This is a fantastic post, Jon. It shows how important it is to understand the white-box / black-box principles of the didactics of mathematics. Philosophically speaking, our equations do not make the world. The only absolute is the real trajectory of the “bullet” and everything we can do is inversion. But ironically, we ned models to solve the inverse problem, by kind of parameter identification or iterations. And we might begin to understand that the results can become worse if the models are too simple or too complex. No way to do that without computer mathematics. Consequently Mathematica that is the only representation of the language of Mathematica and its most important operational semantics. Posted by Herbert Exner    September 28, 2010 at 5:33 am
 .. the language of mathematics … (sorry!) Posted by Herbert Exner    September 28, 2010 at 5:35 am
 What I think you’re proposing here is somehow more of a top-down approach. And while I totally agree with it, I must point out that students must also learn what differential equations are – and this is somewhere around the tip of the iceberg – and how they are to be solved before actually using software to solve them; and that’s where the simplified problem helps. Both approaches are critical: the student should know exactly what DSolve does before using it. Then a bit later he can attack the more complex problems using the help of a computer. Posted by spyked    September 28, 2010 at 7:30 am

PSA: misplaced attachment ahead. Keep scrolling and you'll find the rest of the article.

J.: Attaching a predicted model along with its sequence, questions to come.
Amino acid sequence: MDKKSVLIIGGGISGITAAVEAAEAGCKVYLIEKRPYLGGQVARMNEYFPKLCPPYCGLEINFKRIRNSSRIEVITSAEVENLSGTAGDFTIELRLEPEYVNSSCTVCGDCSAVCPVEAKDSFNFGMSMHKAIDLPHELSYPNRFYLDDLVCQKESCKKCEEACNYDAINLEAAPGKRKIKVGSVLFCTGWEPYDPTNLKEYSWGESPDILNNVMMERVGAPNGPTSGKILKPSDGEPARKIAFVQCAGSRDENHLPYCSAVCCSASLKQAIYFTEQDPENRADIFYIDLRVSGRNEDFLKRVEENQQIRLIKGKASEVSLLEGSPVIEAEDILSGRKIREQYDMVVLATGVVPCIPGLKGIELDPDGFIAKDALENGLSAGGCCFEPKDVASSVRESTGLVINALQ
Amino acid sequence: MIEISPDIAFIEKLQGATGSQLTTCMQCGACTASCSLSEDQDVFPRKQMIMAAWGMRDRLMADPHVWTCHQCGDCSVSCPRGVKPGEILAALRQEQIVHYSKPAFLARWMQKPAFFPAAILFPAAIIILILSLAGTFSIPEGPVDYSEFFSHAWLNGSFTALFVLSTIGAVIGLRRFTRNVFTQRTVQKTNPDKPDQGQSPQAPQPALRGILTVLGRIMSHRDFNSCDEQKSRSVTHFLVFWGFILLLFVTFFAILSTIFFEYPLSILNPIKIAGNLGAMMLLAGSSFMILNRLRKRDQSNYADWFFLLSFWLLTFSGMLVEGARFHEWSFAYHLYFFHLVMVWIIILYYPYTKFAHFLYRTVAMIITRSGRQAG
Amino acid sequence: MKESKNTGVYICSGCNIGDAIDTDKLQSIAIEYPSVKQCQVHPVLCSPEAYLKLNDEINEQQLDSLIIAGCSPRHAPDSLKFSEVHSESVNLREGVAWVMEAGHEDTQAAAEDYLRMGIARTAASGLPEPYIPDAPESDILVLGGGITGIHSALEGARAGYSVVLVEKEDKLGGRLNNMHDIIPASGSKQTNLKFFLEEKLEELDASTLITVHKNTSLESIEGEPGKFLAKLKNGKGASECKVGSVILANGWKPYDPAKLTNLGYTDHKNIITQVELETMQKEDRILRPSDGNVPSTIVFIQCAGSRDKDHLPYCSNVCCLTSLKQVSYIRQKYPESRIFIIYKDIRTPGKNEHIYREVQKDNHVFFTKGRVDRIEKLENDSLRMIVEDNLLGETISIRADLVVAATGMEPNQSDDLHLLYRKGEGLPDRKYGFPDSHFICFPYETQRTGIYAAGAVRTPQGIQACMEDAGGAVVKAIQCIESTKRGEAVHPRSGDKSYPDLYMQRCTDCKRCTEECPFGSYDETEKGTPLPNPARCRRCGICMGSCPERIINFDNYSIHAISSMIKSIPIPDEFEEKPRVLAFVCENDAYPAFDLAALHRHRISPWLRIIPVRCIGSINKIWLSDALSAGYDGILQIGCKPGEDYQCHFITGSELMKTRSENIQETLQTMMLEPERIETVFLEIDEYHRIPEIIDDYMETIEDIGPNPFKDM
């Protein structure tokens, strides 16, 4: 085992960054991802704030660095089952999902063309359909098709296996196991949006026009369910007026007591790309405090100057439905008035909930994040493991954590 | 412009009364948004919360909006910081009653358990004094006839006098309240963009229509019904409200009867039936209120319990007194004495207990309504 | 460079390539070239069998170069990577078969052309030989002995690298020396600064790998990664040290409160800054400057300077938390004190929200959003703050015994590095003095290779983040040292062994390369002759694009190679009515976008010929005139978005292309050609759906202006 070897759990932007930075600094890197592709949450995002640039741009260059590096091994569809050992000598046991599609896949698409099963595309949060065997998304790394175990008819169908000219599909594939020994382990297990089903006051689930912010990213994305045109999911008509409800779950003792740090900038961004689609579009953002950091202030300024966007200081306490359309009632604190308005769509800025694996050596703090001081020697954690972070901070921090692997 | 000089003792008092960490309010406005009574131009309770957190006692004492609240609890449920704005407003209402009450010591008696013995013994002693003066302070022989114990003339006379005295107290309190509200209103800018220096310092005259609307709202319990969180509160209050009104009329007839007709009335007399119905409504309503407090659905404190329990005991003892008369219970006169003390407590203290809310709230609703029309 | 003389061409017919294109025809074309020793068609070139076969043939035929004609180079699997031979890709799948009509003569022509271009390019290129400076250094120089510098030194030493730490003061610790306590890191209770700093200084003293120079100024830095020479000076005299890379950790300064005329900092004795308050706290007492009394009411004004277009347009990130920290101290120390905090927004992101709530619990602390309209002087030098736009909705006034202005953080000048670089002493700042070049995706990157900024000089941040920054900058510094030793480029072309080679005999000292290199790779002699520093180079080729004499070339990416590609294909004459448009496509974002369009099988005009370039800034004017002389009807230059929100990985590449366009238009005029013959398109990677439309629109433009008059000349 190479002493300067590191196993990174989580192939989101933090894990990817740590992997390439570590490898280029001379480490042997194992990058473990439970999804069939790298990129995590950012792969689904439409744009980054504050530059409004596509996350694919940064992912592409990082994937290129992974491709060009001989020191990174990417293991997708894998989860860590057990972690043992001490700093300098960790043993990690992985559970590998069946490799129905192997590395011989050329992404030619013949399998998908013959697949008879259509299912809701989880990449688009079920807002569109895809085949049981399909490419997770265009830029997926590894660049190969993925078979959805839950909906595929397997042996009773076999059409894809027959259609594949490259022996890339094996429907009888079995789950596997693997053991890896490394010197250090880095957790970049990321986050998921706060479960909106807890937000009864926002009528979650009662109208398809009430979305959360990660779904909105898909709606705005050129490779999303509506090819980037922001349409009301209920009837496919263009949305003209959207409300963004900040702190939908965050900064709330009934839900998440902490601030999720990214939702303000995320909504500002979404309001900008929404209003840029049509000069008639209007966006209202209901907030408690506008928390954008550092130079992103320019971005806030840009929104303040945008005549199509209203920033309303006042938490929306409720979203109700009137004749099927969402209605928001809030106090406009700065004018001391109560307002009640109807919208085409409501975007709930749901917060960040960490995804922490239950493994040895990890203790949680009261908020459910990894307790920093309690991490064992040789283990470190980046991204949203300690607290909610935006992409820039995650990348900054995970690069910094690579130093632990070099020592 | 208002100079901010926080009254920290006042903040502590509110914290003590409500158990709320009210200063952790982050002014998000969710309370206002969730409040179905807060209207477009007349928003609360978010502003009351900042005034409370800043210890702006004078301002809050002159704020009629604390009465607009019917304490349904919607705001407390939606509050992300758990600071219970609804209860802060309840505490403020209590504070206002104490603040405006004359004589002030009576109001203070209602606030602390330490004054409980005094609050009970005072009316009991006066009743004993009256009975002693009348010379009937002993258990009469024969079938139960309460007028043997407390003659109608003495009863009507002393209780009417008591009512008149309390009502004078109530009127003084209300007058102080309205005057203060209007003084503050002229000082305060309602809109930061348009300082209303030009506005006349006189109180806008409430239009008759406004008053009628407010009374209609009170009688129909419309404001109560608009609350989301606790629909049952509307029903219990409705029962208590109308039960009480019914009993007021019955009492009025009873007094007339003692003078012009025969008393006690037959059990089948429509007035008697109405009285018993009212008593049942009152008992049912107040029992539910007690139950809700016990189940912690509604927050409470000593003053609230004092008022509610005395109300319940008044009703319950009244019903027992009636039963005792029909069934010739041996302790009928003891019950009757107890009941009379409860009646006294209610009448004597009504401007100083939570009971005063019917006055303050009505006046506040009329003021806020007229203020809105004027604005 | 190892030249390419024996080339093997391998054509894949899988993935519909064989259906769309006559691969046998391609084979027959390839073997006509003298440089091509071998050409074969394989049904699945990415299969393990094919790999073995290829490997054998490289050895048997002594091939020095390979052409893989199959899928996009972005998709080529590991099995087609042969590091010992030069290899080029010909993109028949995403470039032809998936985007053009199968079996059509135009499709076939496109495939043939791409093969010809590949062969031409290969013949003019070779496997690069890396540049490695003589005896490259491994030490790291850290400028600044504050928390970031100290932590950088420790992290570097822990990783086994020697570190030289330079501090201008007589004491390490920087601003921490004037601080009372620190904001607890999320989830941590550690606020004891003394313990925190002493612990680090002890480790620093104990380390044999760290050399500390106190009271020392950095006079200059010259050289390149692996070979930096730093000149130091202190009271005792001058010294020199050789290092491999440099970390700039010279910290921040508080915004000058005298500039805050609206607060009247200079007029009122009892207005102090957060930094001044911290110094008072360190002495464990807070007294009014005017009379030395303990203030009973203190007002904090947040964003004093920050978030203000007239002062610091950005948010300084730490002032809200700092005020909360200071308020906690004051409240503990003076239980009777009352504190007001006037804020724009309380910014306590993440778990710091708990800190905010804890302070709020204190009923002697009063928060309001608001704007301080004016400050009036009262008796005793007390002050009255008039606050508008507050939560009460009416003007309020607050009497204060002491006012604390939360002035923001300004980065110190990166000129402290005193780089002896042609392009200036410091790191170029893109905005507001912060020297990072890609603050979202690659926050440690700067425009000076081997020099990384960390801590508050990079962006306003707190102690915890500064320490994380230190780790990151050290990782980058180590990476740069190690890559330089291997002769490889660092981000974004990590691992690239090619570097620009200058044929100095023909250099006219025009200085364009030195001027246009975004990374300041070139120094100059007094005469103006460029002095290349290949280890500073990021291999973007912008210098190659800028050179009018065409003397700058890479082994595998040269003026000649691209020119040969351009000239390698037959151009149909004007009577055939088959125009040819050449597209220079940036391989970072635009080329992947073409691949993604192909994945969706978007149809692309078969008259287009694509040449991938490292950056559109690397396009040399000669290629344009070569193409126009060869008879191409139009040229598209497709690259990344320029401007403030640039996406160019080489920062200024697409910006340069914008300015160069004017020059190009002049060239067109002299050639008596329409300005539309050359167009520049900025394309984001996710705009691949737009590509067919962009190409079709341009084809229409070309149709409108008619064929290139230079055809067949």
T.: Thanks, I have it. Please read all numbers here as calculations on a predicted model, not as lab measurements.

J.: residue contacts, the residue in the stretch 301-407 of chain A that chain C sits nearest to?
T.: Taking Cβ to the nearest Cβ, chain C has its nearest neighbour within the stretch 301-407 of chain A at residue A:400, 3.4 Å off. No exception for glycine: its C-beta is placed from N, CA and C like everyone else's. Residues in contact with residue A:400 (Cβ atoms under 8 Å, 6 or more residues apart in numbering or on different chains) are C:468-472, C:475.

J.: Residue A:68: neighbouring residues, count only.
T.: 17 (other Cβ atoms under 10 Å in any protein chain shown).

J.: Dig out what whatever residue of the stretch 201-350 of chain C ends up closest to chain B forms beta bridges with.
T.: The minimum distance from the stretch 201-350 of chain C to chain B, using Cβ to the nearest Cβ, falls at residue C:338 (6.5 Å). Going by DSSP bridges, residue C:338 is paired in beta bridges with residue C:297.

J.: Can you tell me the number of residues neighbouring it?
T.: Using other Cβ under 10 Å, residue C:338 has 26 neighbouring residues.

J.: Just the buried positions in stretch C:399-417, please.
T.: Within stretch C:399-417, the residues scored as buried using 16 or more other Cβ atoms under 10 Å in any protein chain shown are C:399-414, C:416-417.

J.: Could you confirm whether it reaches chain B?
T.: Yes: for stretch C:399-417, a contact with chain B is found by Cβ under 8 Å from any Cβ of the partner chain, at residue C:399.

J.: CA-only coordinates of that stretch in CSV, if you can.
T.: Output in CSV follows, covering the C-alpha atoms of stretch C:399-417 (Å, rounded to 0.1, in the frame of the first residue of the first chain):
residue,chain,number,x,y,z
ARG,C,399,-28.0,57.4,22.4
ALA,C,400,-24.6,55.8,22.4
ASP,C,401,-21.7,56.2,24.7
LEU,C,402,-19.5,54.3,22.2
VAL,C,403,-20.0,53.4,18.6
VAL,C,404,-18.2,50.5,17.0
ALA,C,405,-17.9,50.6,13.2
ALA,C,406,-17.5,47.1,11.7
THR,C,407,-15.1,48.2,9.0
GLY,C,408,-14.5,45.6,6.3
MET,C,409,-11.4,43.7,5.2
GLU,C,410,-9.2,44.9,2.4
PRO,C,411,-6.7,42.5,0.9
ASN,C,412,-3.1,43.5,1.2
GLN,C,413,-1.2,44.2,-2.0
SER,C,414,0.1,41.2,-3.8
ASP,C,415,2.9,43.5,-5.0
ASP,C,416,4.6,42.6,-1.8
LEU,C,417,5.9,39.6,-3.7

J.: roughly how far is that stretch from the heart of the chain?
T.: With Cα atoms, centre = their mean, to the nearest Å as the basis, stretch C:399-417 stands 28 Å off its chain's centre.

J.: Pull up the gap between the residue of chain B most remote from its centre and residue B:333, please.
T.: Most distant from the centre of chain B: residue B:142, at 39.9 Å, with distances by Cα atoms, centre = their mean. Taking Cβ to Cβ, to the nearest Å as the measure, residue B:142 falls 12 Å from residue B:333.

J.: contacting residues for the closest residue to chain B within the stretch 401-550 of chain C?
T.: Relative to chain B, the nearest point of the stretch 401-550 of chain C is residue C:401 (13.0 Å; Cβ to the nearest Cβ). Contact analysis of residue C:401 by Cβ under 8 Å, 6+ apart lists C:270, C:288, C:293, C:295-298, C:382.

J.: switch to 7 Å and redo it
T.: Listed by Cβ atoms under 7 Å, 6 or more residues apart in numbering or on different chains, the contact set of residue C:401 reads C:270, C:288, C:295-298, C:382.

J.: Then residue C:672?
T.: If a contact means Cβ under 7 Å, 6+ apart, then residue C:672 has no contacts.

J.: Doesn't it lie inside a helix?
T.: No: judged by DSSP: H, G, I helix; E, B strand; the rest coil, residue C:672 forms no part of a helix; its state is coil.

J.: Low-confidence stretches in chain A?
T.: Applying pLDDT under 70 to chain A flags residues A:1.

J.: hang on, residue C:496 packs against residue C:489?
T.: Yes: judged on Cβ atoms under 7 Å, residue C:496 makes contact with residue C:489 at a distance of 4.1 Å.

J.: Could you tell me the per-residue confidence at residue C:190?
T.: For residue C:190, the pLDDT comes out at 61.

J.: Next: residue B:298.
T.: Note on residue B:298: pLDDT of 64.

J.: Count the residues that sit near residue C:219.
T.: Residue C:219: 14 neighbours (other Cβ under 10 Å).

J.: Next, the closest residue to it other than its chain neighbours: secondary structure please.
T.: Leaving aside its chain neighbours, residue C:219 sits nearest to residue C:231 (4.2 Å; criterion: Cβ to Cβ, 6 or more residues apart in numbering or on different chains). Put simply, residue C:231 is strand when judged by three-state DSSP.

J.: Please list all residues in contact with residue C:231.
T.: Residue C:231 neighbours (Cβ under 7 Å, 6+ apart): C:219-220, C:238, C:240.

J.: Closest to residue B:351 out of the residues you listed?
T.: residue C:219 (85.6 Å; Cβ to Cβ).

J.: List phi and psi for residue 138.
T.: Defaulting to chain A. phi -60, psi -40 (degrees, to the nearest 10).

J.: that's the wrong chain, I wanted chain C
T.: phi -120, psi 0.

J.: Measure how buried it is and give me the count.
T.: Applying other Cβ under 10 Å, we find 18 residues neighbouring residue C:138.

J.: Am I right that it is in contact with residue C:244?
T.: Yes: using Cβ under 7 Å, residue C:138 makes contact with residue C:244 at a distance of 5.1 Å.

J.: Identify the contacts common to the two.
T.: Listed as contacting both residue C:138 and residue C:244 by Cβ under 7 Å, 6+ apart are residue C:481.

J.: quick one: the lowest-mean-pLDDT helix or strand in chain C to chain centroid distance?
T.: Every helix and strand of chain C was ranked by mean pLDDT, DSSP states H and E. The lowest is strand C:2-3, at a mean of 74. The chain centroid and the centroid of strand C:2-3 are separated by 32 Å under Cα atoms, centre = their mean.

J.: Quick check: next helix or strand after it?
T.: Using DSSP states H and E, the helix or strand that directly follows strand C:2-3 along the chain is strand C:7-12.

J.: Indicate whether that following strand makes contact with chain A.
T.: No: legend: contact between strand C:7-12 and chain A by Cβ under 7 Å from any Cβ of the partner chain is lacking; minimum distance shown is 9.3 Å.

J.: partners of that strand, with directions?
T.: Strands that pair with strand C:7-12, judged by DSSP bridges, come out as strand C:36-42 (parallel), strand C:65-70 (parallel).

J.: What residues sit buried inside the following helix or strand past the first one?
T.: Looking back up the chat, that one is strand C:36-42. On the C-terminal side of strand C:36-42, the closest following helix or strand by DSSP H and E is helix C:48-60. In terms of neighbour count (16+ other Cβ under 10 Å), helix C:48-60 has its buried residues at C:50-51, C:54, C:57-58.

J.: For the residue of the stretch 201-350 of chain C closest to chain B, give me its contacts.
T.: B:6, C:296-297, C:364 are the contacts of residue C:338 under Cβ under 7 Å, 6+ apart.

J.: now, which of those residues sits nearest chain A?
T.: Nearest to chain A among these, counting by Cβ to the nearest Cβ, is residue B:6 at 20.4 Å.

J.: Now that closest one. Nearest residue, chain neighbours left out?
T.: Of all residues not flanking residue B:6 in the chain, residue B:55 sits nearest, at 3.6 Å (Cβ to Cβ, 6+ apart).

hmm. this is now more of a ‘physics’ problem – not a Mathematics problem. at least for those of use who prefer to think of mathematics as ‘pure mathematics’ of Algebra and Calculus. Posted by LukeEcho    September 28, 2010 at 7:33 am